New Local Housing Allowance Rates How the New LHA Rates Have Huge Implications for House Prices and Rents Everywhere
Even landlords who don’t let to benefit dependent tenants and tenants who don’t get state aid to pay their rent will be affected by the capping of Local Housing Allowance (LHA) rates.
As a result of the changes to LHA rates, there could be some potentially big changes to local house prices and rents.
Lots of Heat
The whole issue of the government’s reform of the levels of Local Housing Allowance rates has raised a lot of heat on various discussion forums. In some of these, private landlords are cast as the villains of the piece but often it is the last government who gets the flak for their approach to LHA.
The arguments usually go something like this.
Someone – who is usually keen to point out they are a taxpayer – will say, “I cannot afford to live in say, Westminster borough myself, so why should I have to pay out of my taxes for those on benefits to live in such locations?” They will point to the figures that show that the average Greater London rent in the private rented sector is £403pw for a 4 bed and £184pw for a one bed as proof that cheaper accommodation is available, adding something along the lines of, “Hey, cheaper accommodation IS available below the new capped LHA rates – you’ll just have to move for it, like people have to move when they need a new job.”
The very real concern is that as a result of the new caps, some vulnerable people will be forced to move from their old homes in these expensive areas to other areas – one has horror visions of armies of old grandmothers with disabilities and young Mums being forcibly moved to cheaper boroughs further out.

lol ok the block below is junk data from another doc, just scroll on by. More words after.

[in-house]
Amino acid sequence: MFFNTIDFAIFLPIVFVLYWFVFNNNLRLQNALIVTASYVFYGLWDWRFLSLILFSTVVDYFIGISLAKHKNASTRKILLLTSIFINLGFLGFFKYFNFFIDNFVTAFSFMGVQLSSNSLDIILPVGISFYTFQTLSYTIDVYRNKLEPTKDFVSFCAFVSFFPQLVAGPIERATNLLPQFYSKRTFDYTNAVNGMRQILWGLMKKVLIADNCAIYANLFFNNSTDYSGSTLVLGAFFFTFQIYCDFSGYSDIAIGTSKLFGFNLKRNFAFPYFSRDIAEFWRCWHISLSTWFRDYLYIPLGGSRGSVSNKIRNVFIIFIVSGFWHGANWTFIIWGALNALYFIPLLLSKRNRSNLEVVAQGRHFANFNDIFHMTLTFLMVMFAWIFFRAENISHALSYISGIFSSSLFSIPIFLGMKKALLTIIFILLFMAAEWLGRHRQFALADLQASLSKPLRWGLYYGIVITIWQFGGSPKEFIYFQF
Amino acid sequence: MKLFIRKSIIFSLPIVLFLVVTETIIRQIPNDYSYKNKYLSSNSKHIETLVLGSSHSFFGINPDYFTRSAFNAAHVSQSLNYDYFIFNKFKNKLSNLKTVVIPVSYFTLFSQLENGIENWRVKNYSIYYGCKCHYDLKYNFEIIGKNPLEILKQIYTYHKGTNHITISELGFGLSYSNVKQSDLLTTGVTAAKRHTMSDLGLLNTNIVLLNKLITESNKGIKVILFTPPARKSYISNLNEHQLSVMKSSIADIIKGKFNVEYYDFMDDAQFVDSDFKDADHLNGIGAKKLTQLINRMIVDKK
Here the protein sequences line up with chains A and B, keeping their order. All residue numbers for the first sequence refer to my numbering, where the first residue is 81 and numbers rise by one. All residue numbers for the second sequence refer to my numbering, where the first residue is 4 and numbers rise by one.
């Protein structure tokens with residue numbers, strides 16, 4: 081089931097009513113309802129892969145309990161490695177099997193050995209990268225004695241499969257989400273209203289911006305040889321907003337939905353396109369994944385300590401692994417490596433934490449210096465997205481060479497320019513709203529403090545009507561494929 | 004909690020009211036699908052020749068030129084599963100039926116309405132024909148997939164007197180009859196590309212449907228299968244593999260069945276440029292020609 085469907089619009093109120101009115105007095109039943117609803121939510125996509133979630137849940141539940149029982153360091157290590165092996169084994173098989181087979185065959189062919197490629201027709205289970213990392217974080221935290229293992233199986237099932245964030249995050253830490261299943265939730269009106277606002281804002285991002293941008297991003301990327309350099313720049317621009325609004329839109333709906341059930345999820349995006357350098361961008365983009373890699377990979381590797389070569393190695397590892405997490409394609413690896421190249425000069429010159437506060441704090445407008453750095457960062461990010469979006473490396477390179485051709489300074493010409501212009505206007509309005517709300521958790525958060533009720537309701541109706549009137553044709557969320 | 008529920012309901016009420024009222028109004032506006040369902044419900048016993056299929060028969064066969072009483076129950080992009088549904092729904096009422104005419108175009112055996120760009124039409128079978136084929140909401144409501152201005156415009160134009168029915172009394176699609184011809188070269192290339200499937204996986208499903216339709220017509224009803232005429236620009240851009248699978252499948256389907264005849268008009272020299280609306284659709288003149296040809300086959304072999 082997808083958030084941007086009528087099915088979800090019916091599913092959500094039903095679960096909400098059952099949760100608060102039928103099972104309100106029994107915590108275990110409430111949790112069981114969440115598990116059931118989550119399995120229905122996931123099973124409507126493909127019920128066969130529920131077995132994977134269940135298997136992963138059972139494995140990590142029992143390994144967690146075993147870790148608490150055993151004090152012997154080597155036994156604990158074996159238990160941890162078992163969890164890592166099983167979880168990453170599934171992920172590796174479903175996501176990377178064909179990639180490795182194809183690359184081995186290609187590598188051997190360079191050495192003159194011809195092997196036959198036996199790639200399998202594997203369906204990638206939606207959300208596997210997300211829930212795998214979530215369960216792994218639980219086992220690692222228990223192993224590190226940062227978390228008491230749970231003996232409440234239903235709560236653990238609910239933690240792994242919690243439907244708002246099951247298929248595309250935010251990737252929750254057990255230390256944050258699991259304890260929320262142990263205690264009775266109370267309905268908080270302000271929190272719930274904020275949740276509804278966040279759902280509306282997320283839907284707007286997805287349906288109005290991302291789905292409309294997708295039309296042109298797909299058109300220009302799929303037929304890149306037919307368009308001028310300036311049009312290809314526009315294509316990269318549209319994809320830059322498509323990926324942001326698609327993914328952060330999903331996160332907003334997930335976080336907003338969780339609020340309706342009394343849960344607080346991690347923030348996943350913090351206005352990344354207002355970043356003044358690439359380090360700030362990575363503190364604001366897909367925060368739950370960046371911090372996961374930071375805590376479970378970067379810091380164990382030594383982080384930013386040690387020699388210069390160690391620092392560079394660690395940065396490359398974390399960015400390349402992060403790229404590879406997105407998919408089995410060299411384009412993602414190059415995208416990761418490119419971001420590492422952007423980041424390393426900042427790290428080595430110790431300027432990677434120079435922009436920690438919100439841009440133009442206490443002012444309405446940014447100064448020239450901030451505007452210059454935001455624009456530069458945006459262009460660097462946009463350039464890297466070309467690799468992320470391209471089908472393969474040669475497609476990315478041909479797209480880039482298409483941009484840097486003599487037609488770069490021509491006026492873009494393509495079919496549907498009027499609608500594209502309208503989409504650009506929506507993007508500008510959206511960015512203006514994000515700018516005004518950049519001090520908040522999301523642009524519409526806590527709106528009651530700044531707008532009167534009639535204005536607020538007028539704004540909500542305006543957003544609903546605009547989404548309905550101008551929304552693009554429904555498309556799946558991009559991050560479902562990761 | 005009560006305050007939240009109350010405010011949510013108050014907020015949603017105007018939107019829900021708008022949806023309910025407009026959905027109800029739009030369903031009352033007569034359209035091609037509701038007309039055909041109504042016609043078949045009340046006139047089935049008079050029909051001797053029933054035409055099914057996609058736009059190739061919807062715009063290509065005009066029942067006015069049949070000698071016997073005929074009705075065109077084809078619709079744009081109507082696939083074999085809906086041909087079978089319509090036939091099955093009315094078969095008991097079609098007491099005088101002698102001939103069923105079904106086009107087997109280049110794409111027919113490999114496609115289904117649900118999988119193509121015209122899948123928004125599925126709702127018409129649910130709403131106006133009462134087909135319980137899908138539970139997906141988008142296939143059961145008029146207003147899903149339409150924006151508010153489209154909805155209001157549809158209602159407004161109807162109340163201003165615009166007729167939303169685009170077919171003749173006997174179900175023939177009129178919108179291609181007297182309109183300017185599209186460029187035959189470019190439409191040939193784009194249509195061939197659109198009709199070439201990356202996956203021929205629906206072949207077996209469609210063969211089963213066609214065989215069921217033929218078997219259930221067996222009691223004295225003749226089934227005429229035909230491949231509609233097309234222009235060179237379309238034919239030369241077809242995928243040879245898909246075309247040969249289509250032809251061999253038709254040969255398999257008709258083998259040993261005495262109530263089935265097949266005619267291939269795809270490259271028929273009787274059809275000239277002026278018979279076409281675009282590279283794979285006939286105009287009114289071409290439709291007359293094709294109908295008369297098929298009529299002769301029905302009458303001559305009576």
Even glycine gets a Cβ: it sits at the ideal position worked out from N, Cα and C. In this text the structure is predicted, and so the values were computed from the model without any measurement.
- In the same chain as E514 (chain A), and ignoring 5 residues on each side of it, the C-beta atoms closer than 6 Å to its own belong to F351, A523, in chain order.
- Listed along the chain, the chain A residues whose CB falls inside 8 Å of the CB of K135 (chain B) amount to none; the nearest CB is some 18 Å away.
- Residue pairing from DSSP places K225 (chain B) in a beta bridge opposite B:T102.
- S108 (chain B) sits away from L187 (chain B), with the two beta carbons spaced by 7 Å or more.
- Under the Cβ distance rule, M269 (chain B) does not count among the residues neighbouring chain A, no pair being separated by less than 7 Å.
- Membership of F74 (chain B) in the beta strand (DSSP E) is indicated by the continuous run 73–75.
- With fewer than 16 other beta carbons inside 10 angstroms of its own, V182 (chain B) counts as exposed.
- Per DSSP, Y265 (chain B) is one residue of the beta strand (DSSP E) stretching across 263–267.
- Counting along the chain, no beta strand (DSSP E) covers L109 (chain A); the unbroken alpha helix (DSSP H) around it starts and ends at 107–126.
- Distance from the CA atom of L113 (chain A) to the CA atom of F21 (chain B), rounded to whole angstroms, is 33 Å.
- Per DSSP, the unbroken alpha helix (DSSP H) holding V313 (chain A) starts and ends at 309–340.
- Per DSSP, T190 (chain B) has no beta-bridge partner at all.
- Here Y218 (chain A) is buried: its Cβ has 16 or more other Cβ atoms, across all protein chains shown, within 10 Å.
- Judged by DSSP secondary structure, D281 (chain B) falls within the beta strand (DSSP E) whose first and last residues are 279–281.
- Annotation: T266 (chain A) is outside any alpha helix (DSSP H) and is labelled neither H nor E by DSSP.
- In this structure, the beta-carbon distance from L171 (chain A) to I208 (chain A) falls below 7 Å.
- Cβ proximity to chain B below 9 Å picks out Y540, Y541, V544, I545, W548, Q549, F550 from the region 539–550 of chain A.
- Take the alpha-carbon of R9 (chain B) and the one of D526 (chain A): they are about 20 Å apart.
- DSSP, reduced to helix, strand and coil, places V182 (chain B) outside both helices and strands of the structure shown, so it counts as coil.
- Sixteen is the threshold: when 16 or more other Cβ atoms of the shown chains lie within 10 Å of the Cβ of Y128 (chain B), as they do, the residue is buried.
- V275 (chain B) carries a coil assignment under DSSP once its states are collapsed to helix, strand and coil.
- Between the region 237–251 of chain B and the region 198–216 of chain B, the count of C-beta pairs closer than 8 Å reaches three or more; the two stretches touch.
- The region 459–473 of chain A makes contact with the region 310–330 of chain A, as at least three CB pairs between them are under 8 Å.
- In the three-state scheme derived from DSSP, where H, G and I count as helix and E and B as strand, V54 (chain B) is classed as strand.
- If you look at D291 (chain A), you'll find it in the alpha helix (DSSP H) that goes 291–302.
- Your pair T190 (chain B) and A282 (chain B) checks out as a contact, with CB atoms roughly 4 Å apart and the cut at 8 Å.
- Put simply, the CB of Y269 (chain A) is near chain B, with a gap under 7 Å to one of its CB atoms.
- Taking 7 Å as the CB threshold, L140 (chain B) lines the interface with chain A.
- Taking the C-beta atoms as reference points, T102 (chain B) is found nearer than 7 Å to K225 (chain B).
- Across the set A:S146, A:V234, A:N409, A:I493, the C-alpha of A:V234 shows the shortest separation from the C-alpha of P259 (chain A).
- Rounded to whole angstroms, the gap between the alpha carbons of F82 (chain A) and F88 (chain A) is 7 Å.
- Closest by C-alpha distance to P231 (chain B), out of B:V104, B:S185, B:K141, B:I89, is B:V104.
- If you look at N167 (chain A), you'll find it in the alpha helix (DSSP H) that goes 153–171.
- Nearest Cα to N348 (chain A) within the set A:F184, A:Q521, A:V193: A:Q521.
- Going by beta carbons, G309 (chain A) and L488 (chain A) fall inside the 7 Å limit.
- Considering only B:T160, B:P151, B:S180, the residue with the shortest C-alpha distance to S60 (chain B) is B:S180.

Those who may be asked to move to areas where rents are cheaper will rightly point out that it was not they who sold off the council housing stock so it should not be them who have to suffer. To this, the “taxpayer” inevitably replies, “Sure, and it was the bankers who caused the current economic crisis, but us taxpayers are going to have to pay for that too through higher taxes. It’s a shame you now have to move out of expensive Westminster but that’s life. Welcome to the real world.”
And so the argument goes on.
Landlords letting in central London and other “expensive-to-rent-in” UK boroughs to LHA dependent tenants, whose LHA rates will be hit by the new capped rates will soon face a big hit on LHA rates payable once the new rates are implemented next year. (In places like Westminster we are talking huge numbers of LHA dependent tenants) And tenants in these areas will struggle to make up the difference once rates are cut to below the new cap.
So what will these landlords do? Well, they will have to 1) Accept reduced rents from their old LHA tenants but keep going or 2) Give notice to the LHA tenants and let to non LHA dependent tenants instead or 3) Sell up.
What will the tenants do? Well, if they cannot afford to make up the difference somehow, it looks like they will have to move to different boroughs where they can still get the accommodation they need at below the new LHA cap.
If large numbers do this I can only see additional demand placed on housing in neighbouring boroughs which (for now) have cheaper rents.
So landlords with existing residential property in places like Southwark, Lewisham and Haringey could well see rental demand rise strongly and as a result, house prices going up becuase even if they don’t currently let to LHA dependent tenants, the effect of that extra demand will be to push rents up.
In more expensive to rent in boroughs like Westminster, the opposite will probably happen.
In next buy cheap viagra online uk weeks’ blog I’ll show how these changes have huge implications for both “expensive-to-rent-in-boroughs” as well as neighbouring cheaper ones and I’ll look at what the local authorities should be doing now to plan for this.
Useful Links for Landlords
This site, run by the London Mayor shows the level of private rented sector rents in different parts of London (using VOA data): http://www.london.gov.uk/rents/
Here, using this site, you can what a tenant can get under LHA in different areas for different bedroom sizes:
Here are the Likely new rates from next year:
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